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‘Troy’ Falls Dead

Peterson Condenses Ancient Mythology into a Long Feature Film

By Kevin Der


Screenplay by David Benioff

Directed by Wolfgang Peterson

Starring Brad Pitt, Eric Bana, Orlando Bloom

Rated R

Opens May 14

I saw this movie because I love mythology and I was interested in the special effects. I didn’t realize I would have to look at the unclothed bodies of Brad Pitt, Eric Bana, or Orlando Bloom in virtually every frame of the movie. Why Wolfgang Peterson did this is a mystery to me, especially since the swarms of thirteen-year-old girls who want to watch that will have to sneak in to do so. That makes me laugh. It’s very ironic.

Indeed, the abundance of male nudity, whether it be in a sex scene or a battle scene -- the two categories of scenes in this film -- in relation to the lack of female nudity (we’re talking about Helen of Troy here) is disturbing. What is not quite as disturbing, but much funnier, is watching Orlando Bloom trying to deliver a serious line away from the tutelage of Peter Jackson. The entire theater cracked up every time he opened his mouth.

I won’t bash the screenplay because I realize how difficult it must have been to translate The Iliad (and parts of The Odyssey) into a two hour and forty-five minute script. Parts of the story were omitted or redone, but the skeletal structure is there. Paris (Orlando Bloom), a prince of Troy who happens to be a cowardly weasel, steals Helen from Menalaus, king of Sparta, a Greek state which had been at war with Troy in the past. As a result, Menelaus grabs his power-hungry brother Agamemnon along with all the soldiers in Greece, and they sail to Troy to get Helen back. With them is Achilles (Brad Pitt), the most deadly Greek warrior, who is arrogant, has no loyalties to anyone, and boasts an impressive leap attack. His nemesis is Hector (Eric Bana), brother to Paris and the most skilled Trojan fighter. No major gods or goddesses makes an appearance in this movie, which makes sense from a screenwriter’s point of view since there are far too many characters from mythology to include and still have any kind of character development.

Unlike Hector and Paris, who remain honorable and despicable respectively, Achilles does actually change throughout this film, a transformation which apparently occurs over the span of several days rather than nine or ten years. His two most significant moments from the literature in my mind were both included in the movie, to my shock and approval. The first is Achilles’ sea-goddess mother telling him that he will either fight in the war and gain immortal glory but die, or live a long and peaceful life and be forgotten. The second moment is when Priam (Peter O’Toole) visits Achilles in the Greek camp to beg for a proper burial for his son Hector.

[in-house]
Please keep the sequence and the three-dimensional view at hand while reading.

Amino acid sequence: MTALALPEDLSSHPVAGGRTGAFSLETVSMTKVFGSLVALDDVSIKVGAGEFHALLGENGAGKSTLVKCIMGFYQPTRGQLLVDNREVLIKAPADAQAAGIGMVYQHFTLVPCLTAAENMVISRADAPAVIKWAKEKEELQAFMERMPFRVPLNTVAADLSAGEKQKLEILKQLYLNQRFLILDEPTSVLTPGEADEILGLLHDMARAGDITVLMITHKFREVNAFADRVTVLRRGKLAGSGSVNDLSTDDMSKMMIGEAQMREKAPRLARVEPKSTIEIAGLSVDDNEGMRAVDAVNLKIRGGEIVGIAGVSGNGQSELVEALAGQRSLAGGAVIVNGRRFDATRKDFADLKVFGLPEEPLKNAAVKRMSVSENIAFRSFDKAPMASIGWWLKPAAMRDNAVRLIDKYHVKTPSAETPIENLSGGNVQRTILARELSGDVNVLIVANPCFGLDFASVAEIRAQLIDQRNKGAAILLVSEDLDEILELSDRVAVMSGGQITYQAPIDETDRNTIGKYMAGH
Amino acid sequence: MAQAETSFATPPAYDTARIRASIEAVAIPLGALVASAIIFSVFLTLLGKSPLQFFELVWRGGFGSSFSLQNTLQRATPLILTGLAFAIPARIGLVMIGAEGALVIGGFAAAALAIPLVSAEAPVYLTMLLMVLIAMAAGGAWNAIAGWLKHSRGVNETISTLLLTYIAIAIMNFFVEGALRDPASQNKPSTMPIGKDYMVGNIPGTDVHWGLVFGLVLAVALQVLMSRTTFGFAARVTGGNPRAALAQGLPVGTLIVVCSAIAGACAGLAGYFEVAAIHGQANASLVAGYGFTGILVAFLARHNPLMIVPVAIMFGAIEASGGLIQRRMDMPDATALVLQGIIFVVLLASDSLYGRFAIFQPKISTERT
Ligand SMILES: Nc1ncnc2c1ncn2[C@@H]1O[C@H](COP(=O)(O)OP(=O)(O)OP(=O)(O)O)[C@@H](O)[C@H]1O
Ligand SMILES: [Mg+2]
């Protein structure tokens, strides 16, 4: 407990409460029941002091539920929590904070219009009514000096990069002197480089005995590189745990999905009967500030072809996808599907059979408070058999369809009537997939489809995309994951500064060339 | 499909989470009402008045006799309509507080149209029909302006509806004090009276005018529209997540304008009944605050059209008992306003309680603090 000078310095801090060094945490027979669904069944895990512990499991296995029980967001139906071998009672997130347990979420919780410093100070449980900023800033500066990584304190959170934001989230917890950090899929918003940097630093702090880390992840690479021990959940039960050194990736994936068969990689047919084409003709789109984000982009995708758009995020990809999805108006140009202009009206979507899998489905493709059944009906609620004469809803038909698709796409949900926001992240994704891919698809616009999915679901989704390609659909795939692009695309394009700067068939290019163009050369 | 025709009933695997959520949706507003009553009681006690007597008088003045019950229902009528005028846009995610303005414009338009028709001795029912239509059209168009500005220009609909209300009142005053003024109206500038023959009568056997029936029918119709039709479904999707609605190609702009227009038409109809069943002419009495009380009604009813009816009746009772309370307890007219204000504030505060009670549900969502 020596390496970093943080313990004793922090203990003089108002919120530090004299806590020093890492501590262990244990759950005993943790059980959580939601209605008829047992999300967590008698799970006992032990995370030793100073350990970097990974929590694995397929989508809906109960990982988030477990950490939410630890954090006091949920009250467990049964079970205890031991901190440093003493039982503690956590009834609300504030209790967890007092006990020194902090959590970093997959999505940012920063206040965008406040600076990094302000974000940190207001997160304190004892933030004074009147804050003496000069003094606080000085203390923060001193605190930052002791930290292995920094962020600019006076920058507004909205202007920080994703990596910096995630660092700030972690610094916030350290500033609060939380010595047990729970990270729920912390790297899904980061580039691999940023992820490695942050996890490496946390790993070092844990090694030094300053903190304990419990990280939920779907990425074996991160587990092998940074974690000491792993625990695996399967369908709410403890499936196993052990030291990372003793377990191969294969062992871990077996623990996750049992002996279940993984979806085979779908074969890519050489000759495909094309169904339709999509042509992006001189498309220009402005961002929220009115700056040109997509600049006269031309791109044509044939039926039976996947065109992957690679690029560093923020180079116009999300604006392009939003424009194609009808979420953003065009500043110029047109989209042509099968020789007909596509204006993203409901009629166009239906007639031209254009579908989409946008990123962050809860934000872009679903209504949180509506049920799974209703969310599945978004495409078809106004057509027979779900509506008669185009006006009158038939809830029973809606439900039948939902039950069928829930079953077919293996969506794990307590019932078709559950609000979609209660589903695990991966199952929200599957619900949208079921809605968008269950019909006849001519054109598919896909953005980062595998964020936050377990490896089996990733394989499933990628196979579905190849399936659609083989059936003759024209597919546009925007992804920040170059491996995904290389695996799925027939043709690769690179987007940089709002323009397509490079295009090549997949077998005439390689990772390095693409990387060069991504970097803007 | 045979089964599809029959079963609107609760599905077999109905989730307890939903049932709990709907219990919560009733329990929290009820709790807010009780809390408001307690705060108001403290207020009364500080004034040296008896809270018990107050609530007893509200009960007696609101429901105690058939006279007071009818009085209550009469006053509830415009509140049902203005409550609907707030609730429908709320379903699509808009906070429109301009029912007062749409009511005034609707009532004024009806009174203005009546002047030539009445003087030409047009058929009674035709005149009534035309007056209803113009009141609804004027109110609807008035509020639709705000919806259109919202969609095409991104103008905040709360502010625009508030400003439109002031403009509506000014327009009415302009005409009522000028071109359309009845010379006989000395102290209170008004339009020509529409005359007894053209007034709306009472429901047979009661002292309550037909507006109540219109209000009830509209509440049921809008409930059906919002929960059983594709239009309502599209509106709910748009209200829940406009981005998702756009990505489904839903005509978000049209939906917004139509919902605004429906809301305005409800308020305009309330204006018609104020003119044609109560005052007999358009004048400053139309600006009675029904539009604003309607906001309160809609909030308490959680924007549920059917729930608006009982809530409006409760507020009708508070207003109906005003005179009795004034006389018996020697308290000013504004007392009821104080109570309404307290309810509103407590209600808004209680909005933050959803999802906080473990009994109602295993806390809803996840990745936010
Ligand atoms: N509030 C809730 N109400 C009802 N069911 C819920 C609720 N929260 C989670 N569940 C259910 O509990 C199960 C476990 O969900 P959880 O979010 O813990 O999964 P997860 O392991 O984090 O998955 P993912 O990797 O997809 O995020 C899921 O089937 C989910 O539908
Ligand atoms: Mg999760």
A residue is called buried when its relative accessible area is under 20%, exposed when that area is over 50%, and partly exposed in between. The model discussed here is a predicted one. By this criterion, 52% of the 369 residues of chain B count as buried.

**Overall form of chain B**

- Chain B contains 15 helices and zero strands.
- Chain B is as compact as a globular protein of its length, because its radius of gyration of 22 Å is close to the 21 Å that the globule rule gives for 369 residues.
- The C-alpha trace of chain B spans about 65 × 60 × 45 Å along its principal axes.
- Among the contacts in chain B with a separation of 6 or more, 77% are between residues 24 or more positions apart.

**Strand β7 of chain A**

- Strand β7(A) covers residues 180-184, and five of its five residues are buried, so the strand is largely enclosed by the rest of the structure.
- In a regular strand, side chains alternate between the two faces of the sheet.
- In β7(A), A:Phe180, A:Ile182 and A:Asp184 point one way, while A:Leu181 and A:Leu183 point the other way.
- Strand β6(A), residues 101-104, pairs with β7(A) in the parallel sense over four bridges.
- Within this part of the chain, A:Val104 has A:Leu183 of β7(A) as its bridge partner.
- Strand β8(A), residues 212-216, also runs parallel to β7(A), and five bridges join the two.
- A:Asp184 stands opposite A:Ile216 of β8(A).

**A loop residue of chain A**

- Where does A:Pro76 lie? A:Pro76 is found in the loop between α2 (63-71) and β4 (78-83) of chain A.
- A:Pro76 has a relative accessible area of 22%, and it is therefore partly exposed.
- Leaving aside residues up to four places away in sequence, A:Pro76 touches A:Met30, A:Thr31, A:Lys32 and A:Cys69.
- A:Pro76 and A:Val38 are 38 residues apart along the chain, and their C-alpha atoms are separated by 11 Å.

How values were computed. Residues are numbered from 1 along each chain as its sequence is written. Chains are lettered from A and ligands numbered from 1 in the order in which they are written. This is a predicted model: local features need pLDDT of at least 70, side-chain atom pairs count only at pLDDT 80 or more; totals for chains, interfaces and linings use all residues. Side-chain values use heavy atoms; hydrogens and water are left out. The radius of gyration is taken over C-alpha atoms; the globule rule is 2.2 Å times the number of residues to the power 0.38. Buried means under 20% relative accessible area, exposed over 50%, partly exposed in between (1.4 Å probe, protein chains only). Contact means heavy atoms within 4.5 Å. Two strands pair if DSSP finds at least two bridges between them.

In general, I enjoyed the battle scenes from Troy more than those from similar epics, particularly Gladiator. The climactic Achilles-Hector fight is laudable. These smaller, non-computer graphics fights were a lot more convincing than shots with tens of thousands of soldiers. When they rush each other, it just looks like two blobs mixing. I don’t know whether these scenes were made with Massive (animation software used in “Return of the King” to generate realistic scenes involving huge crowds of people) but it didn’t look very good.

I don’t think much more needs to be said about this movie. Either you’ll like the battles or you won’t. Either you’ll go to see male actors’ bodies or you won’t. They drop in a bunch of heroes’ names just for people who are listening for them, but it would probably be more satisfying to play a Starcraft use-map-settings game. For those of you who end up being disappointed and think it’s Wolfgang Peterson’s fault, just realize that in May 2006, his vision of “Ender’s Game” will hit theaters, and Orson Scott Card actually collaborated on the screenplay. Think about that and it’ll be okay.